“For this reason, the App Association strongly supports states opting in to the federal public safety broadband network to best enable their first responders to protect public health and safety,” Mr. Scarpelli added. “We take issue with the positions of organizations like the Competitive Carriers Association that frame state opt-outs as an enhancement of the network, which is a serious misinterpretation of the clear path Congress has laid for first responder communications and would undermine the nationwide public safety network’s success. It is a national priority to ensure our country’s first responders can do their job as best they can, especially during our times of need. We will continue to advocate for a unified and interoperable nationwide platform to save lives and protect our country.”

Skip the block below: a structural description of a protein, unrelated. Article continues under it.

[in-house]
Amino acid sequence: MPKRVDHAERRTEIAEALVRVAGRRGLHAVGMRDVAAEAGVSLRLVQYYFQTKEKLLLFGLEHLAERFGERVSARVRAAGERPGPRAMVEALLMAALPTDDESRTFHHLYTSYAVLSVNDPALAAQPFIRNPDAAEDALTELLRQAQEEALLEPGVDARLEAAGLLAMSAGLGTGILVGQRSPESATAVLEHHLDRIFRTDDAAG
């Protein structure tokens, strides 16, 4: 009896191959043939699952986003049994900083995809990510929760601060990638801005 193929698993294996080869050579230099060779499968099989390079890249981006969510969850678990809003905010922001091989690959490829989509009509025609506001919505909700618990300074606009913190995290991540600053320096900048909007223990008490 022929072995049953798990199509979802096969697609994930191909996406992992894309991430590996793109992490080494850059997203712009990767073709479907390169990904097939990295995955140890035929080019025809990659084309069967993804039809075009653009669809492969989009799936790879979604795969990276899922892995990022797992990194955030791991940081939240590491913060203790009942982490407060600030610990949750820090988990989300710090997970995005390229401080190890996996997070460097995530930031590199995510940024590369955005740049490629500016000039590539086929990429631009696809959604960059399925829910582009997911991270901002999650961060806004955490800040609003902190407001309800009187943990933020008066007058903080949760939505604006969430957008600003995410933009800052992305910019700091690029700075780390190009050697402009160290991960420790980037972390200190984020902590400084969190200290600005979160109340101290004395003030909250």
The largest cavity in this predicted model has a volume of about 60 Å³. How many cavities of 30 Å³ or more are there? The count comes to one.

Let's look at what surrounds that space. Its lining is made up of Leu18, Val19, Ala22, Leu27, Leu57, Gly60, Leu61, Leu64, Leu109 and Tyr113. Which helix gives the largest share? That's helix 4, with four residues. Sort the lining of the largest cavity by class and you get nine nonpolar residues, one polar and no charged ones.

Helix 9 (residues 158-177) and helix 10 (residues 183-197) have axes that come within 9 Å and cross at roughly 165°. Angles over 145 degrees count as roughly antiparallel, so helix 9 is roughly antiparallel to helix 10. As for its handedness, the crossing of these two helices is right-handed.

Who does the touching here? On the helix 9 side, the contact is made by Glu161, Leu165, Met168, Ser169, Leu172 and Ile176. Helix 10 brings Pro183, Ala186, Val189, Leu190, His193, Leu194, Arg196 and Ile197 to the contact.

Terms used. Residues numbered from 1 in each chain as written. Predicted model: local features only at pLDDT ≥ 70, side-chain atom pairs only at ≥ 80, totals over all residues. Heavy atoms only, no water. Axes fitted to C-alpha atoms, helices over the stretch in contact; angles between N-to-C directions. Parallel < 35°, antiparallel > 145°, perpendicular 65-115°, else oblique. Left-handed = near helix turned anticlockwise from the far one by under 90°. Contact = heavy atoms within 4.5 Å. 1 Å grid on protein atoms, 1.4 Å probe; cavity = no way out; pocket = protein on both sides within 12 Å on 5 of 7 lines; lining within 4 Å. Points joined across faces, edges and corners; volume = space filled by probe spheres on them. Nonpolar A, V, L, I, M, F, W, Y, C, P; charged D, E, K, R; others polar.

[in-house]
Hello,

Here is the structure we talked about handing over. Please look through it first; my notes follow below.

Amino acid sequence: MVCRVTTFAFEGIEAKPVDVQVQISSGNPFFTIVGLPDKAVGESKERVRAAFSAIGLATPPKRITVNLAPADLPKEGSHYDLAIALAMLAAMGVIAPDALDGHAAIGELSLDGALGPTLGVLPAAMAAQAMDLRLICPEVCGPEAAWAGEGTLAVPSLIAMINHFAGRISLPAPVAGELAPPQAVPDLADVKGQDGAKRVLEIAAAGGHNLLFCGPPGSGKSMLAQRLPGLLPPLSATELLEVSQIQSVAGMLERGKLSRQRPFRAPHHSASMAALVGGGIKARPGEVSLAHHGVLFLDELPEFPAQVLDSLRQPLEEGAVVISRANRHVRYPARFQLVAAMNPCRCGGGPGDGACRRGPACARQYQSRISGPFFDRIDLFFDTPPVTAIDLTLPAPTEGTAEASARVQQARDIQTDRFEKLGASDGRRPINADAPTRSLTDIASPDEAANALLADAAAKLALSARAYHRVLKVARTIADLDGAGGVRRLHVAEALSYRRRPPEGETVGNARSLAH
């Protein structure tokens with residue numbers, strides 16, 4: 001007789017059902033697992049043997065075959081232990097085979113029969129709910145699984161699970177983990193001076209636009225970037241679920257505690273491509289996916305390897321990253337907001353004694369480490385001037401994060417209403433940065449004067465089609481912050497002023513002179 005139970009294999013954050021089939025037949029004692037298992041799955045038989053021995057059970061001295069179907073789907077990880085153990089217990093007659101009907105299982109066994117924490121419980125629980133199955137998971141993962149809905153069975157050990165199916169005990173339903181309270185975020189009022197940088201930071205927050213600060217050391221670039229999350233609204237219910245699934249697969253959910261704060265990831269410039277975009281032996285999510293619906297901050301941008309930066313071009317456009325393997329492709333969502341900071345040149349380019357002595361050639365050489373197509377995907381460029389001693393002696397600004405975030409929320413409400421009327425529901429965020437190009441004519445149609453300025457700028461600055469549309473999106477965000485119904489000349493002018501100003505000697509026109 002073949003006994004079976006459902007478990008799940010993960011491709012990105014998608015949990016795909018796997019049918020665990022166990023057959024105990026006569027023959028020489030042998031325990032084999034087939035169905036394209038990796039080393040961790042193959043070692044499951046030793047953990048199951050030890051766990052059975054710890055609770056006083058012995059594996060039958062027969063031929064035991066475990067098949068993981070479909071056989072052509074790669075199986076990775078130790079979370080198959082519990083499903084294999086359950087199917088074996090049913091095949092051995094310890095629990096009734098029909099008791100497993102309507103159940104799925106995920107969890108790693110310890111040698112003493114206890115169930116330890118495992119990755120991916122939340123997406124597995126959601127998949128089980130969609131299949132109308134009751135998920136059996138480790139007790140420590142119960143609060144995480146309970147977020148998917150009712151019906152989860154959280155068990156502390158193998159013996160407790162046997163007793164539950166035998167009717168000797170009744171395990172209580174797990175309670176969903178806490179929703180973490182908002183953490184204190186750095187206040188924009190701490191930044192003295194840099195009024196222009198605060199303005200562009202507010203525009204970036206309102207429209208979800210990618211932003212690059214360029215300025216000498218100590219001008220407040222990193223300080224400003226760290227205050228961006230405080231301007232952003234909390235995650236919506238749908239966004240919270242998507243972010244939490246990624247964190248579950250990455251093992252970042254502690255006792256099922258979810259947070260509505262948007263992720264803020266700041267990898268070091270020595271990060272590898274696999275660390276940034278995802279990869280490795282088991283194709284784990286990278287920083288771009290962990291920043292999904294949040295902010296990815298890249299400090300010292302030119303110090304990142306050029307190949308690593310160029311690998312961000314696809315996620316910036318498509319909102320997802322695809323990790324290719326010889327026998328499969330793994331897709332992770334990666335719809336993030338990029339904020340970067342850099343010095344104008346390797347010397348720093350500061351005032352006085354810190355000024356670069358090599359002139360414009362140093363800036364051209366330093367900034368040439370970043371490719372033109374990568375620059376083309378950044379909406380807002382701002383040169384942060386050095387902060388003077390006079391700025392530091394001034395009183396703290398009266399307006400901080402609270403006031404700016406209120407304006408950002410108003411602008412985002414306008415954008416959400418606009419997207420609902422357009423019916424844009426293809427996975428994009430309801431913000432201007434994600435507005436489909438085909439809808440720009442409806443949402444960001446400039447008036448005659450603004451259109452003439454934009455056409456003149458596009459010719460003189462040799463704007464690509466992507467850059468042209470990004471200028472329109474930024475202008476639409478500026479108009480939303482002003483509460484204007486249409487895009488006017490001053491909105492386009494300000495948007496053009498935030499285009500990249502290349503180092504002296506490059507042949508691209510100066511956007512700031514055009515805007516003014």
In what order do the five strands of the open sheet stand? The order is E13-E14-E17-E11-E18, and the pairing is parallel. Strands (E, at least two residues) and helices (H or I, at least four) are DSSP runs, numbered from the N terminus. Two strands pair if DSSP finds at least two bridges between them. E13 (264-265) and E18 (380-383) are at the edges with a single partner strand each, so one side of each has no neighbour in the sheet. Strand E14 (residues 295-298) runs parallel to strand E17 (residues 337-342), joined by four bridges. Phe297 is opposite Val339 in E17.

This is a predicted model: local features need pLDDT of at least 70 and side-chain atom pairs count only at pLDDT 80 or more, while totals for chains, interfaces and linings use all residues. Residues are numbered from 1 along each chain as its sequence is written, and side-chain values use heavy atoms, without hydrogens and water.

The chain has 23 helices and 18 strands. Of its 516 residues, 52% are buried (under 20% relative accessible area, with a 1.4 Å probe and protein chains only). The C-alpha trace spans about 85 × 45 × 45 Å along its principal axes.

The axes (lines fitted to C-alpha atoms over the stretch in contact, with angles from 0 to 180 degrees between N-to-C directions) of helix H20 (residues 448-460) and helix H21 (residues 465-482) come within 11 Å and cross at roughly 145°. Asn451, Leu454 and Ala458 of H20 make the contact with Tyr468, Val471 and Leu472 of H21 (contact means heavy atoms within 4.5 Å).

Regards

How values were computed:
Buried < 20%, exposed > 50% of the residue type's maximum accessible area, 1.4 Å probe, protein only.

Seven states have opted in so far, saying they will allow AT&T, Inc., FirstNet’s network partner, to build their radio access networks (RANs) rather than attempt to contract with a vendor to build their own. —Paul Kirby,

Courtesy TRDaily

From the FCC’s Daily Digest for July 27, 2017

Released:  07/27/2017.  PUBLIC SAFETY AND HOMELAND SECURITY BUREAU ANNOUNCES WORKSHOP ON IMPROVING SITUATIONAL AWARENESS DURING 911 OUTAGES. (DA No.  17-719)  Public Notice Announcing September 11, 2017 Workshop on Best Practices and Recommendations for Improving Situational Awareness During 911 Outages.